Bacterial meningitis can be deadly if it's not treated in time. For those who've taken it, the vaccine has done a lot to ease fears.
For many, getting a shot is never a pleasant experience, and getting folks to get a shot that's not required is even tougher, but Georgia's South Health director says the shot is much easier to bear than the pain caused by bacterial meningitis.
Dr. Lynne Feldman, South Georgia Health Director, says, "Your symptoms will start out with sore throat, fever, headache. It would progress to severe headaches, a stiff neck, vomiting, and if you were not treated you would go on to coma and possibly death."
Students are required to get a meningitis shot before starting class here at Valdosta State University. Many students tell us they are not afraid of a meningitis outbreak here on campus, but that does not stop them from taking preventive measures."
Gala Jackson, a VSU junior, says, "Coming to college, I knew there'd be a lot of people here, so I knew I had to keep a sanitary environment. My mom would always call and say 'Make sure you wash your hands, and keep things clean so you don't get a cold and don't get sick.' That's what I did; I wasn't really worried about the whole meningitis scare."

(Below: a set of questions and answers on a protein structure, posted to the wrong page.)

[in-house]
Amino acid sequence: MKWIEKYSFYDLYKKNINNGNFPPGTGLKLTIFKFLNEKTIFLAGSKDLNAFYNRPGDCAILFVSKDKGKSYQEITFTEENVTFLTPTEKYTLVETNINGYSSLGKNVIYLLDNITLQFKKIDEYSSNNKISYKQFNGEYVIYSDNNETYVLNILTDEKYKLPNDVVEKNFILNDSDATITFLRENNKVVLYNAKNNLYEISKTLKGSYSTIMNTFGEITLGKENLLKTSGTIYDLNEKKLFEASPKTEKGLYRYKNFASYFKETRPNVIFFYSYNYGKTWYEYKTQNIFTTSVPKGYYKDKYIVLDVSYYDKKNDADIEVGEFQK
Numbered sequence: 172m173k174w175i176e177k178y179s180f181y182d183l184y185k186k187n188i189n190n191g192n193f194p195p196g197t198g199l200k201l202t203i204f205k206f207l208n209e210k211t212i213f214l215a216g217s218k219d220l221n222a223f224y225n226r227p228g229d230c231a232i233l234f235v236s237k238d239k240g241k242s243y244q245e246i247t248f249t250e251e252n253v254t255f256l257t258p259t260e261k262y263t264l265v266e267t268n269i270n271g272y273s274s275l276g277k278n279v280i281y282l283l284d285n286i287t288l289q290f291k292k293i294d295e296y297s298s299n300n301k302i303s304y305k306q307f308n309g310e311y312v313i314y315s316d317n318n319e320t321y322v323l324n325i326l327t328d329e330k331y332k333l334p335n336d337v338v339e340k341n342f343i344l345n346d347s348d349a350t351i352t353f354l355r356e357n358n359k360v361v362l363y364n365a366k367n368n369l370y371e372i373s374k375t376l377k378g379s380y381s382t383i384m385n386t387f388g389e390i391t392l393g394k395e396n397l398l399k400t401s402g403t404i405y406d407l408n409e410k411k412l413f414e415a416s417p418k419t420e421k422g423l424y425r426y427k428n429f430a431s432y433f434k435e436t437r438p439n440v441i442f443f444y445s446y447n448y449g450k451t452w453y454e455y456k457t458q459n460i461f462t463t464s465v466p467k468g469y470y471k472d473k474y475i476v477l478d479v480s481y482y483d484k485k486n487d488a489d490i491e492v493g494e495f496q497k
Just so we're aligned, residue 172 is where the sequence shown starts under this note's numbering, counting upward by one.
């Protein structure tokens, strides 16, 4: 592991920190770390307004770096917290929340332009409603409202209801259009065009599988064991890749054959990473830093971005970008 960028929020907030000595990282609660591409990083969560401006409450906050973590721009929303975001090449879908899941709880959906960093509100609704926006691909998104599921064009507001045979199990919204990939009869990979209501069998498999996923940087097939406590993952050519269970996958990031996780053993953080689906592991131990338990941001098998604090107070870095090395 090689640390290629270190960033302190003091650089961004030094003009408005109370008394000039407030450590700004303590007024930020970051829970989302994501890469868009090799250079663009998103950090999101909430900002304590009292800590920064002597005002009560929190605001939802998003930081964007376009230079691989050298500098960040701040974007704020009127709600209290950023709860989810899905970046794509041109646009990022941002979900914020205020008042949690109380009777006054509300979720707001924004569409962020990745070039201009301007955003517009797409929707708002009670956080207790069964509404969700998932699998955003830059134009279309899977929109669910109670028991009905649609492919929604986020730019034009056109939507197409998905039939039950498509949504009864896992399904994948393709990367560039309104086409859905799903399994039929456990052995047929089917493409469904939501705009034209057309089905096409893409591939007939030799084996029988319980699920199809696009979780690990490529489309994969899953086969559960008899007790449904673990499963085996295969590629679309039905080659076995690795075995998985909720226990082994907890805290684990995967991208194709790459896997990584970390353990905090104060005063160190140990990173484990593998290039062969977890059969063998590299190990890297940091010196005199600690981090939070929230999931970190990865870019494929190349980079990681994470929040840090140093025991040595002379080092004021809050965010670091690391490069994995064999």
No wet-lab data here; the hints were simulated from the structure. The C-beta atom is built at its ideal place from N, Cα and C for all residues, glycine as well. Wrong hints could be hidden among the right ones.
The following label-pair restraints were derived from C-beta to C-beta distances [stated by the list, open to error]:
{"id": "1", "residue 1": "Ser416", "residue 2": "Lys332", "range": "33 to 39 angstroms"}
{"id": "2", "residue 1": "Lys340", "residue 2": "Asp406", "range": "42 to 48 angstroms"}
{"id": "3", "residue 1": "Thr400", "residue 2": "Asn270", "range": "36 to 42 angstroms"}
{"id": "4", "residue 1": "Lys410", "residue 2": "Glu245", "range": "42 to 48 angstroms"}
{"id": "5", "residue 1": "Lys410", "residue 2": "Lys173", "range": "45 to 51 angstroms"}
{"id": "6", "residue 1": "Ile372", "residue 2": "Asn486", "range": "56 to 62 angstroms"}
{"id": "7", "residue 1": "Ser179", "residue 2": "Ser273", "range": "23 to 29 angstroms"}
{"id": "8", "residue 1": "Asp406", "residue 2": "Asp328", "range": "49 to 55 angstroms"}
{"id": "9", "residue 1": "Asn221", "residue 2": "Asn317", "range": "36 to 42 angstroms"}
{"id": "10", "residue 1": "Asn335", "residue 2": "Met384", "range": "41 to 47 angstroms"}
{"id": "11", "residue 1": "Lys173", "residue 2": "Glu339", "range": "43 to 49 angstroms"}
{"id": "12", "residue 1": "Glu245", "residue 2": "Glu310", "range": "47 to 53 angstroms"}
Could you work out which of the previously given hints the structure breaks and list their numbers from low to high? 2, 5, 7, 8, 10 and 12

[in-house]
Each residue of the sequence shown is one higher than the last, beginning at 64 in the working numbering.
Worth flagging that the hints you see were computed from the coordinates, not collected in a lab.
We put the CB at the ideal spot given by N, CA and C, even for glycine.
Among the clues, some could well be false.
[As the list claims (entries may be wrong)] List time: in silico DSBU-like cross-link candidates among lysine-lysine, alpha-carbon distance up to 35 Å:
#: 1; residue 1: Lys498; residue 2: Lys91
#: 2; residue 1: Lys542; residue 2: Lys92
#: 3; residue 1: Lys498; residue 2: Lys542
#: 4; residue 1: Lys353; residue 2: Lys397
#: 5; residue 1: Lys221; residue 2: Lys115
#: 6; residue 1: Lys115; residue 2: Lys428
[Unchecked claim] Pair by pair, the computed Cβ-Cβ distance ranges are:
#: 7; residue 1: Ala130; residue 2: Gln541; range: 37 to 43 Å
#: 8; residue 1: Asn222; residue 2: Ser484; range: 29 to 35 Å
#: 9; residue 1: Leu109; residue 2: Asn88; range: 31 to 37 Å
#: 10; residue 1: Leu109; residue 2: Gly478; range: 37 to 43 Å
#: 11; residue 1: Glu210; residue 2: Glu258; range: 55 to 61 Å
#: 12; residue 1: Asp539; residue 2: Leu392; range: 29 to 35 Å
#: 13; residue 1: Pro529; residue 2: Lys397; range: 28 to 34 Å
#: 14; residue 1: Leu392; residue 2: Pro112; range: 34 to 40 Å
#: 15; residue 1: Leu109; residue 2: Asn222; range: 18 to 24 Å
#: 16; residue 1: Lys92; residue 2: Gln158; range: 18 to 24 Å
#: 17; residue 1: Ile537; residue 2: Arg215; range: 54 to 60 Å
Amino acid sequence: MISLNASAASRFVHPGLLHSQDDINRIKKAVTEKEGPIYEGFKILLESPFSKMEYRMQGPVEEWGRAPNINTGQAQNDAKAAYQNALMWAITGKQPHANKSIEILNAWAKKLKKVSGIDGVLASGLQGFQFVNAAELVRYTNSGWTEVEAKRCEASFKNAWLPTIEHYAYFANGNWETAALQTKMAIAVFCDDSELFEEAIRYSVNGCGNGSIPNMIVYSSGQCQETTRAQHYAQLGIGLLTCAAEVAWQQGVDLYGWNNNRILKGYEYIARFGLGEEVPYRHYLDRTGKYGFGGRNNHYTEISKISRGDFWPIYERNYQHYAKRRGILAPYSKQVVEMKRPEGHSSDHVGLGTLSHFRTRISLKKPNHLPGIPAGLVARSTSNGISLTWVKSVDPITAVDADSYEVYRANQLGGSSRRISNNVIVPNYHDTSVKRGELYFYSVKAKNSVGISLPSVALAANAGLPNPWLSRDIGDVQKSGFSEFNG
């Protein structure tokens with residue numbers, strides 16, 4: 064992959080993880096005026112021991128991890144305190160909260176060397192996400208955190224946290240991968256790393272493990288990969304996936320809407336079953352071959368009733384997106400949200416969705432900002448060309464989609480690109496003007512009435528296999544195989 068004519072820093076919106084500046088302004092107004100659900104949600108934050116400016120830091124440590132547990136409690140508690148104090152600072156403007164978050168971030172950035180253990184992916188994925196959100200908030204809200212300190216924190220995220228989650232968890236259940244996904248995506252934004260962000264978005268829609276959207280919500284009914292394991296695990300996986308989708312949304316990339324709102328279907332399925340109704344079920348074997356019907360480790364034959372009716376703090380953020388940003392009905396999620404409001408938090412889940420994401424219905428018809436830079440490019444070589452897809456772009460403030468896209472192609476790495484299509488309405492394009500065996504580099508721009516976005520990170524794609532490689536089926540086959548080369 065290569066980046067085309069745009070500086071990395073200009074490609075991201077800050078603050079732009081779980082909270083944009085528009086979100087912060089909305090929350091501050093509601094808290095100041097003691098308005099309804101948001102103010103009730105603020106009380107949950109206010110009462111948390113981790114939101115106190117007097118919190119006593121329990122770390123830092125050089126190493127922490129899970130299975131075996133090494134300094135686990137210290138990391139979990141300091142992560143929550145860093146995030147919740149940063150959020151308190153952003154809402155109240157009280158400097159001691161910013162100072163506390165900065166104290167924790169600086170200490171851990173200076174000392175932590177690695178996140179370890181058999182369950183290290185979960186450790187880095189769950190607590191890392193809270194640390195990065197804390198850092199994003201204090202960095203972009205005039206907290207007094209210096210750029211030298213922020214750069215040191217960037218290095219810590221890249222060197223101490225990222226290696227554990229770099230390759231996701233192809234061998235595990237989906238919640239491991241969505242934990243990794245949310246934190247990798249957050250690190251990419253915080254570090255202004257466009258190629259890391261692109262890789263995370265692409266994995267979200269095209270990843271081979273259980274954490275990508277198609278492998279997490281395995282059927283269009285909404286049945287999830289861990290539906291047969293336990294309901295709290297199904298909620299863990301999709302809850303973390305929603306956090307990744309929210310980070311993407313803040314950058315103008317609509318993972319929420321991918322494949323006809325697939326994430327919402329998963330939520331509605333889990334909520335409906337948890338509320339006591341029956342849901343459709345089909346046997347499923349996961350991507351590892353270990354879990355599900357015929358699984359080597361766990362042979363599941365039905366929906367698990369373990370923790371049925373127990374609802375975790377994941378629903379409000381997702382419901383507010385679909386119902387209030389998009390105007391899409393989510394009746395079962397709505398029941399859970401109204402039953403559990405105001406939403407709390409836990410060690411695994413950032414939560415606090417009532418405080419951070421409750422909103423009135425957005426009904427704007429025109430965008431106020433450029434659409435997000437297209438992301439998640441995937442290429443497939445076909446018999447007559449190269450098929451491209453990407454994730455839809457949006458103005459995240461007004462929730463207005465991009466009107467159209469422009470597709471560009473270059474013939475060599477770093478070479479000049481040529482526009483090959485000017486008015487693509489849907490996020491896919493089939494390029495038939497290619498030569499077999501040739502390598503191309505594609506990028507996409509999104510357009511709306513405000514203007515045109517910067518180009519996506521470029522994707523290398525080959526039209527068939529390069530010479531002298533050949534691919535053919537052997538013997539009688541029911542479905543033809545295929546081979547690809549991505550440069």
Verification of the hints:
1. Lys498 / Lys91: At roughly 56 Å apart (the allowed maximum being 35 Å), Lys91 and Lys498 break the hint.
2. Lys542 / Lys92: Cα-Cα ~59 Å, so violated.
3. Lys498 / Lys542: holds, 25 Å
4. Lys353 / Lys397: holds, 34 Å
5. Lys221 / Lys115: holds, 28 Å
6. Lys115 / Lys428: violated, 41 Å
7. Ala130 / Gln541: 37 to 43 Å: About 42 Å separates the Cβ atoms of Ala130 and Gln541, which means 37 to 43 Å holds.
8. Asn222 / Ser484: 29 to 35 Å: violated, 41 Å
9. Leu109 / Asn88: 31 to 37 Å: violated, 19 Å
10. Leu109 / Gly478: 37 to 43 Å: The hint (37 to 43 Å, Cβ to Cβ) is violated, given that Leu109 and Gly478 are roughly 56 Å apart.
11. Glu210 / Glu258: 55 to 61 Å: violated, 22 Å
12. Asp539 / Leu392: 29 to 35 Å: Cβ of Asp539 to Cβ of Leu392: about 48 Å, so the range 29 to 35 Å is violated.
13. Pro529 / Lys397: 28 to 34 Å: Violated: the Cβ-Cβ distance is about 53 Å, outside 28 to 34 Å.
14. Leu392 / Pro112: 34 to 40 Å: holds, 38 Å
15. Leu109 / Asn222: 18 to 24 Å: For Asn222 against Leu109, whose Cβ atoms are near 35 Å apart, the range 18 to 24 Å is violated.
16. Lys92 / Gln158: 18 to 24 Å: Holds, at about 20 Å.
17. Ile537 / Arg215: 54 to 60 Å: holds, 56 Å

Officials say there may not be a need to worry, but being aware of the danger can be healthy.
Feldman adds, "When it happens (meningitis infection), it's a terrible, deadly disease. It doesn't happen all that often, but when it does it's a tragedy."
The meningitis vaccines are not cheap, costing at least $70 in many places, but doctors say it's a small price to pay to stay healthy.
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